Hezbollah intervened in the war in Syria, fighting on the side of the regime of President Bashar al-Assad.
US Secretary of State Anthony Blinken has no plans to visit Metula during his current Middle East tour, but the long flight from Washington and time spent in various capitals in the Middle East must be grimly familiar to him by now.
He returned to the region for the fifth time since October 7.
Blinken did not try to downplay the magnitude of the crisis in the Middle East.
At the end of January, while standing next to the NATO Secretary General, he said that the situation was "incredibly unstable".
"I would say that we haven't had such a dangerous situation across the region since at least 1973, and very likely even before that."
What a comparison.
The Middle East war of 1973 turned into one of the most dangerous superpower confrontations during the Cold War.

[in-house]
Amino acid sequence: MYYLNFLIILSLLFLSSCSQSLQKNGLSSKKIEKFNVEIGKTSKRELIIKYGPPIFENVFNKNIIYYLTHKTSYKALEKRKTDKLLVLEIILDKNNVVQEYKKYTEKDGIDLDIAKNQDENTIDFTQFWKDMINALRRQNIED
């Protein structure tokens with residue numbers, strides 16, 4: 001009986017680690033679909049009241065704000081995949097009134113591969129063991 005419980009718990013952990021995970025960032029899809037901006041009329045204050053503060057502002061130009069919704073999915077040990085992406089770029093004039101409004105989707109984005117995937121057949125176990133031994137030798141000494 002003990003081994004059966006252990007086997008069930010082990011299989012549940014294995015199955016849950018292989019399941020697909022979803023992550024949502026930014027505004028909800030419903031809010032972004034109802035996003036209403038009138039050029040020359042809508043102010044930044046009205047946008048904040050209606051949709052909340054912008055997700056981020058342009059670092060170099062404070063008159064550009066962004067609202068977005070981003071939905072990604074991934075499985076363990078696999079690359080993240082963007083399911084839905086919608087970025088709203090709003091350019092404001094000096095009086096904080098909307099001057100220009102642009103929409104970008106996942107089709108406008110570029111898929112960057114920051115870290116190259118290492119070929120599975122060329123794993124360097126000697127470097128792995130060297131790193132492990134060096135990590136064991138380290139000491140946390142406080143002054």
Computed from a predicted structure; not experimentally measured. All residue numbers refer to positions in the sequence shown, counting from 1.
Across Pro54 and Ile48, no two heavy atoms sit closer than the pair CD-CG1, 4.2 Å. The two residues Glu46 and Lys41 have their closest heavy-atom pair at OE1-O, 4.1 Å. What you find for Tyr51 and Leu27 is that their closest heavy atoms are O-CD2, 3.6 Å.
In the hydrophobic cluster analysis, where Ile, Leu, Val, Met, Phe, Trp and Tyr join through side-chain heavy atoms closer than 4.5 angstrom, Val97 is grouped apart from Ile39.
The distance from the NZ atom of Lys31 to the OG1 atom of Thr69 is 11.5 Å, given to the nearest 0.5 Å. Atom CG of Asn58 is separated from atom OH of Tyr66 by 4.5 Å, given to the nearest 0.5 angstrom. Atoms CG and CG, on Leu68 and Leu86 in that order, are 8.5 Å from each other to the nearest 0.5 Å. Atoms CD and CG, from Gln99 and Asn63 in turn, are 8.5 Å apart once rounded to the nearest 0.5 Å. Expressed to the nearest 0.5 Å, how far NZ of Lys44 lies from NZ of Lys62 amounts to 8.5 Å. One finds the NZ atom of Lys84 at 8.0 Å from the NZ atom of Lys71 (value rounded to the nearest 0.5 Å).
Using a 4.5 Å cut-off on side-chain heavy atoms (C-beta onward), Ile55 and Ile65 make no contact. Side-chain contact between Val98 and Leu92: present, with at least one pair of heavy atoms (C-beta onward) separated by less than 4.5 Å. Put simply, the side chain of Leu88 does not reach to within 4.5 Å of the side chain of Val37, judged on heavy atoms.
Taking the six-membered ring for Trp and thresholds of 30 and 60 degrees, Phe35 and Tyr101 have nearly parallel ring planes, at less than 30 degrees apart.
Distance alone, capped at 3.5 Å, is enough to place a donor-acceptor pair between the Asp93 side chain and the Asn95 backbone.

While US President Richard Nixon was preoccupied with the Watergate scandal, his Secretary of State Henry Kissinger placed US strategic forces on the highest peacetime combat readiness, Defcon 3, following reports that the USSR was moving nuclear weapons to the Middle East.
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Half a century later, Blinken spoke after paramilitaries trained and funded by Iran killed three American soldiers at a base in Jordan.
Meanwhile, the US, aided by the UK in Yemen, has launched an ongoing campaign of airstrikes in retaliation.
The Americans hope that they have calibrated the reaction to stabilize the situation and not make it worse, but this is not at all certain.
Militant critics of President Biden in Washington claim that the action taken so far will not deter Iran, which supports Hezbollah in Lebanon and the Houthis in Yemen, as well as Shiite paramilitary groups in Syria and Iraq.